Meet ZingoStealer: the Haskers Gang's new, free malware

ZingoStealer is able to spread cryptocurrency mining malware.
Written by Charlie Osborne, Contributing Writer

A new type of information stealer has been added to the Haskers Gang malware portfolio.

On Thursday, researchers from Cisco Talos said that the malware, dubbed ZingoStealer, is being offered for free to Haskers Gang Telegram group members.

Active since at least 2020, the Haskers Gang group isn't your typical, small collective of cybercriminals. Instead, the 'community' comprises of a few founders -- likely based in Eastern Europe -- and thousands of casual members.

Haskers Gang communicates via Telegram and Discord to share 'community' updates, tools, and its latest activities. The Telegram group has just under four thousand subscribers who share tips on cracks, crypters, bypassing security measures and hacking software. Telegram is also abused to manage the malicious executables and exfiltrated data packages.

According to the researchers, the attackers target gamers through cheat codes, pirated software and tend to focus on Russian-speaking victims. 

The new ZingoStealer information stealer can harvest account credentials, Chrome and Firefox browser data, and Discord tokens, among other datasets. In addition, the malware will try to tap into any cryptocurrency wallet credentials held by browser extensions from services including BitApp, Coinbase, Binance, and Brave.

ZingoStealer may also be used in conjunction with other malware strains, including RedLine Stealer. 

RedLine Stealer contains your typical stealer functions alongside the ability to harvest VPN account credentials and login details, impacting vendors including NordVPN, OpenVPN, and ProtonVPN. In January, Fortinet observed the malware being spread in a phishing campaign taking advantage of the COVID-19 pandemic.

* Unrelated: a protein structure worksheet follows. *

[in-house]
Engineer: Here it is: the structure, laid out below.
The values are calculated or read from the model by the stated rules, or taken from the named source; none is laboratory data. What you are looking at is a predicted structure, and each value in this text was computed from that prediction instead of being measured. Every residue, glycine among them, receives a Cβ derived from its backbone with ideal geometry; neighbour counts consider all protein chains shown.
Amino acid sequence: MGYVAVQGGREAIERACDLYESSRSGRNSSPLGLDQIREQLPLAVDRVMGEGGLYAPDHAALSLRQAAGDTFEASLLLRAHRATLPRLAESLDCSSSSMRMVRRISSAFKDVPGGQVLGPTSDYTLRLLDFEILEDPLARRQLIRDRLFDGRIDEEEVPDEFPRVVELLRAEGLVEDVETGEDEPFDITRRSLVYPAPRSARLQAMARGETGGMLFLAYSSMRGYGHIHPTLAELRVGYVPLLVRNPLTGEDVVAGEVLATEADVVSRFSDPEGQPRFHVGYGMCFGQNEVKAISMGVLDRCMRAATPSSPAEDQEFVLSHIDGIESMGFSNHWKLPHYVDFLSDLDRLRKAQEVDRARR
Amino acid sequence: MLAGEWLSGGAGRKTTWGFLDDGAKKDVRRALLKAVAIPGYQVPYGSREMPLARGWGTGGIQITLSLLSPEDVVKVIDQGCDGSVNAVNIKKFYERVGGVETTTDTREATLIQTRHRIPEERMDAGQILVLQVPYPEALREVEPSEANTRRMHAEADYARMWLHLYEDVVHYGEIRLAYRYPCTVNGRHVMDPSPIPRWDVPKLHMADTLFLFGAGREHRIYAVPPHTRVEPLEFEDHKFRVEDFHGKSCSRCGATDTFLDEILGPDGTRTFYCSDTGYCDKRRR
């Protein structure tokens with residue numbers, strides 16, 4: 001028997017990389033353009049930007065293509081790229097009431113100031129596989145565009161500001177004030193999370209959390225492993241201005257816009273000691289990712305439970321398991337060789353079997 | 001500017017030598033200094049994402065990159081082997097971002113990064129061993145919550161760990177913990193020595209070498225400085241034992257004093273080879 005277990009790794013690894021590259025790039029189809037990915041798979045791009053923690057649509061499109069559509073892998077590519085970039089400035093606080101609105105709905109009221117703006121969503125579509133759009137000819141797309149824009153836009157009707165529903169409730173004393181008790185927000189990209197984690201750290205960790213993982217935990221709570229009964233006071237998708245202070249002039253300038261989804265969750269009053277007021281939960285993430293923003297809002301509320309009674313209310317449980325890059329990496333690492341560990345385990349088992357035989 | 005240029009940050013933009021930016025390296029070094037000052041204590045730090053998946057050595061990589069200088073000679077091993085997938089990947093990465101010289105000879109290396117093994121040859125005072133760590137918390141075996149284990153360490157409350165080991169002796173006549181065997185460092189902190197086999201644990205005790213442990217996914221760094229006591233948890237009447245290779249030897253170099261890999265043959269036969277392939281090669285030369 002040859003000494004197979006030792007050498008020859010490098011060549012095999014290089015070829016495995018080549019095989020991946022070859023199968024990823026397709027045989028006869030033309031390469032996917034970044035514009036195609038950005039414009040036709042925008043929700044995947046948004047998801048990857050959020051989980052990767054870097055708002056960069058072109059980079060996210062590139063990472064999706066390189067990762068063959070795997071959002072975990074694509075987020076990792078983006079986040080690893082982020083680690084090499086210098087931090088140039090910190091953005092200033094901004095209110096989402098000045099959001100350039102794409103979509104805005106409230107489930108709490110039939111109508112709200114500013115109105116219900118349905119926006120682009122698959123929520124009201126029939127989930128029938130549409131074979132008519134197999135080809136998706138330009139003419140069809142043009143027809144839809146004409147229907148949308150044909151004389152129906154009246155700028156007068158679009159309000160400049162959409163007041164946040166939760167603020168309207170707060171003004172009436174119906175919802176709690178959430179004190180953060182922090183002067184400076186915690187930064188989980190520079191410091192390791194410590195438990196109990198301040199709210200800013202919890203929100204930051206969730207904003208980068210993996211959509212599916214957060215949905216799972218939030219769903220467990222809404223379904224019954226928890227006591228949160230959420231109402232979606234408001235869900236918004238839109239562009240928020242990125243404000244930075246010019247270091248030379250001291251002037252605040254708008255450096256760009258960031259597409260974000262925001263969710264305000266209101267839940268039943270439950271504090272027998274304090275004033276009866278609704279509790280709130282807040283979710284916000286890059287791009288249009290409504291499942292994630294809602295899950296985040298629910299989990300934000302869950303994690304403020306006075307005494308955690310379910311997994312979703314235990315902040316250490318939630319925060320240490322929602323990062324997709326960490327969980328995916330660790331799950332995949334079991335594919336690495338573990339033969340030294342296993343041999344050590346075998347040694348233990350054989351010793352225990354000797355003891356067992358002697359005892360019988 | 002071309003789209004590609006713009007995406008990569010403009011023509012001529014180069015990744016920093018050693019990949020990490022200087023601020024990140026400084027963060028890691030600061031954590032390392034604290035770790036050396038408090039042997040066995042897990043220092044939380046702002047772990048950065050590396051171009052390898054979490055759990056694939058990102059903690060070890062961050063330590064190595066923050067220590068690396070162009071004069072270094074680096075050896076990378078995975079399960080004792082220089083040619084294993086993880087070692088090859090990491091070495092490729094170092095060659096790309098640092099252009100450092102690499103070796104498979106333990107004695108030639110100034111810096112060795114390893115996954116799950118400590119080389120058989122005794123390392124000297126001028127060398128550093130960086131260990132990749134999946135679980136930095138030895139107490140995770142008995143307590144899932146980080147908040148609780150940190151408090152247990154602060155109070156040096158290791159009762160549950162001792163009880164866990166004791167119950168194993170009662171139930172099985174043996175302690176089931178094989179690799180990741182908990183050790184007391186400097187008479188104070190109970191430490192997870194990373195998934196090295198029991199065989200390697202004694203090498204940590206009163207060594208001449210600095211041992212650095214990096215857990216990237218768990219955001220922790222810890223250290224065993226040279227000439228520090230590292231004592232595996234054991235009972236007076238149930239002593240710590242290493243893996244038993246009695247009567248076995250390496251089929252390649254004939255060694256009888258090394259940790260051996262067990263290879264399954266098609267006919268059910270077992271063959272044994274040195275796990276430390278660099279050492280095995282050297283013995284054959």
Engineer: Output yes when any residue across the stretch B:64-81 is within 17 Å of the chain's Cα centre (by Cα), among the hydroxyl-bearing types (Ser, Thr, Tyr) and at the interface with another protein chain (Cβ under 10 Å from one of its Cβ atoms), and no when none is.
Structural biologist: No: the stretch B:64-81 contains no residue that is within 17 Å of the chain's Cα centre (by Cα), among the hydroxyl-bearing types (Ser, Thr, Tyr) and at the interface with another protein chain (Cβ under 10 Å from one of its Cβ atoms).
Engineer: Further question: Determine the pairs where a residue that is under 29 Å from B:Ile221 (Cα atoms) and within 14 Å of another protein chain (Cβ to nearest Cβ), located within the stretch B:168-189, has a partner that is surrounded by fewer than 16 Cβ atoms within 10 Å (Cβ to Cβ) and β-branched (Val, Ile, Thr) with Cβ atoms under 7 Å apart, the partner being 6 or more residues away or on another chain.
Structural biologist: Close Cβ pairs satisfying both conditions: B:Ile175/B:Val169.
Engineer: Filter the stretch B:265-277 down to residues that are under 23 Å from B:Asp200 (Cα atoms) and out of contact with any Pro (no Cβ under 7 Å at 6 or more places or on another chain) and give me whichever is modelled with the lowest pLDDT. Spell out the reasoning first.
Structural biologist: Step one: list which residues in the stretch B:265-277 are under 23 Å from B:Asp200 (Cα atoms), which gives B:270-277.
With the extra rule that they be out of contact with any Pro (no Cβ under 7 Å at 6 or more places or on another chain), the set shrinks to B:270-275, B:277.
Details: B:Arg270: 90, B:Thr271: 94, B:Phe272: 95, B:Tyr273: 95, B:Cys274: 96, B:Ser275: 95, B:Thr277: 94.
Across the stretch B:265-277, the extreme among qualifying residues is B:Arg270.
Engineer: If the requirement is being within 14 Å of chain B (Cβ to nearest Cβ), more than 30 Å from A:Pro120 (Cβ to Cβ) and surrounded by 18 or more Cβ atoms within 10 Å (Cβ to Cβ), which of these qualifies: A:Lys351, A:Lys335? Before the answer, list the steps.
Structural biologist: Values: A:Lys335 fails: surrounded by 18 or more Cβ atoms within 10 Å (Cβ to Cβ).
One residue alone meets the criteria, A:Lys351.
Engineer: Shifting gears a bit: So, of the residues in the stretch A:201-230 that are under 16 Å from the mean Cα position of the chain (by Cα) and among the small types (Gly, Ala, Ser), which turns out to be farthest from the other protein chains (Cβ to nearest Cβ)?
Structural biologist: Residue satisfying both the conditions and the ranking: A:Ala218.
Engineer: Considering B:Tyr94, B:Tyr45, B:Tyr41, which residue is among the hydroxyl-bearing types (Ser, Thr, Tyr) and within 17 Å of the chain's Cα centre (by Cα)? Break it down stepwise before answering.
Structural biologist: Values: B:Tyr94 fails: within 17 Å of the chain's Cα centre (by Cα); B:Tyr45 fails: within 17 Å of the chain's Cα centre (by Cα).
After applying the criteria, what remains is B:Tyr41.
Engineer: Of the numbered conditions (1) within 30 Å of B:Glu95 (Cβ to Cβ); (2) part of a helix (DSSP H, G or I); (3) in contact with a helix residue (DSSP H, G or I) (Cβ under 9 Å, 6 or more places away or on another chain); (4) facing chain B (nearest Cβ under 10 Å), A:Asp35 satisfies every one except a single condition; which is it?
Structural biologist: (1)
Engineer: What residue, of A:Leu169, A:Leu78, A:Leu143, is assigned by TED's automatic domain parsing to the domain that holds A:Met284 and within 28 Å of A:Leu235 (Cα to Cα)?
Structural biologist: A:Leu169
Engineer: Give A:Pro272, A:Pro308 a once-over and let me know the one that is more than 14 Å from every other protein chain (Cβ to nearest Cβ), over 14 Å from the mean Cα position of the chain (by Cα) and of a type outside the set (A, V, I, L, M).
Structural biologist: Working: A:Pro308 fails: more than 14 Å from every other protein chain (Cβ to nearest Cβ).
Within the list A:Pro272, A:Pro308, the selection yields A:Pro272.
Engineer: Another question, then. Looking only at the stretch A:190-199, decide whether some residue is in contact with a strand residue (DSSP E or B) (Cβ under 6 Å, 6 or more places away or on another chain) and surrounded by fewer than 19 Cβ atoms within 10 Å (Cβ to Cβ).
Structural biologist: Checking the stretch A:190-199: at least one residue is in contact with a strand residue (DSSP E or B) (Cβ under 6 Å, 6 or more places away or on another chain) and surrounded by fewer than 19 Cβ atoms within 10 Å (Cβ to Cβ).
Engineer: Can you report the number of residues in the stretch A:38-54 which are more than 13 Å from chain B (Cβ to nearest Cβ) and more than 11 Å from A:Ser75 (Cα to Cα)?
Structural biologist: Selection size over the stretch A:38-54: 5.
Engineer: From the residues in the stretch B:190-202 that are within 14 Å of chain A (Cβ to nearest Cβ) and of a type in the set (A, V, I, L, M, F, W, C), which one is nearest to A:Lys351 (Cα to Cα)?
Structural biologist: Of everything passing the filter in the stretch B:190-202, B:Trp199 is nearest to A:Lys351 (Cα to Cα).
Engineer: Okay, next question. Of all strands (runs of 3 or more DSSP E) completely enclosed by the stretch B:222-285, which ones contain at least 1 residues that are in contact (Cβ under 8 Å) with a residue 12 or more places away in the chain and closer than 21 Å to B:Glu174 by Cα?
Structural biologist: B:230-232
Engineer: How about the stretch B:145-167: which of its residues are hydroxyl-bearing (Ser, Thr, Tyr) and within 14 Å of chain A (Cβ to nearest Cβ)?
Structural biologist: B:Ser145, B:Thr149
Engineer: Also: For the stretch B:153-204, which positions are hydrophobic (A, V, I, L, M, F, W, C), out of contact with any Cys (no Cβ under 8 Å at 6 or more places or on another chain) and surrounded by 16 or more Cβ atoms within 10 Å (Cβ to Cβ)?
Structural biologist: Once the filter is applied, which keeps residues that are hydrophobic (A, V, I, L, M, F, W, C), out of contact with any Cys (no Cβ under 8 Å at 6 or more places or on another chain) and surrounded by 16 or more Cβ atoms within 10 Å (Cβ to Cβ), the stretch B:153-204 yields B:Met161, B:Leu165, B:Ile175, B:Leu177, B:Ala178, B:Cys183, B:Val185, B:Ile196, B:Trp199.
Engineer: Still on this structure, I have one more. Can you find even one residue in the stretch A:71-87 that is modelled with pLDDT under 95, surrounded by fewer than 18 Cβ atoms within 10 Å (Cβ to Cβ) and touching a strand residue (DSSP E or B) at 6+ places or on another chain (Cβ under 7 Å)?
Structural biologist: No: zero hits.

Furthermore, ZingoStealer can also be used to deploy a cryptocurrency miner on infected systems. Also known as cryptojacking, cybercriminals may quietly execute a cryptocurrency miner in attacks that steal computing power to mine for coins -- and these virtual assets are sent to wallets controlled by threat actors.

In this case, a custom version of XMRig, a Monero (XMR) miner, is deployed. The hackers internally refer to this miner as "ZingoMiner."

ZingoStealer was first released in March this year. Even though it is a new form of malware, its code has already undergone extensive development, and there are multiple versions in the wild. 

However, while a free version of ZingoStealer has been released, the threat group is also attempting to cash in with a subscription version, also known as malware-as-a-service (MaaS), which costs roughly 300 roubles ($3). This variant also contains a crypter called ExoCrypt. It is possible multiple threat groups will adopt the stealer in the future, especially as a free option is available.

"While the malware is new, Cisco Talos has observed that it is undergoing consistent development and improvement and that the volume of new samples being observed in the wild continues to increase as more threat actors attempt to leverage it for nefarious purposes," the researchers said.

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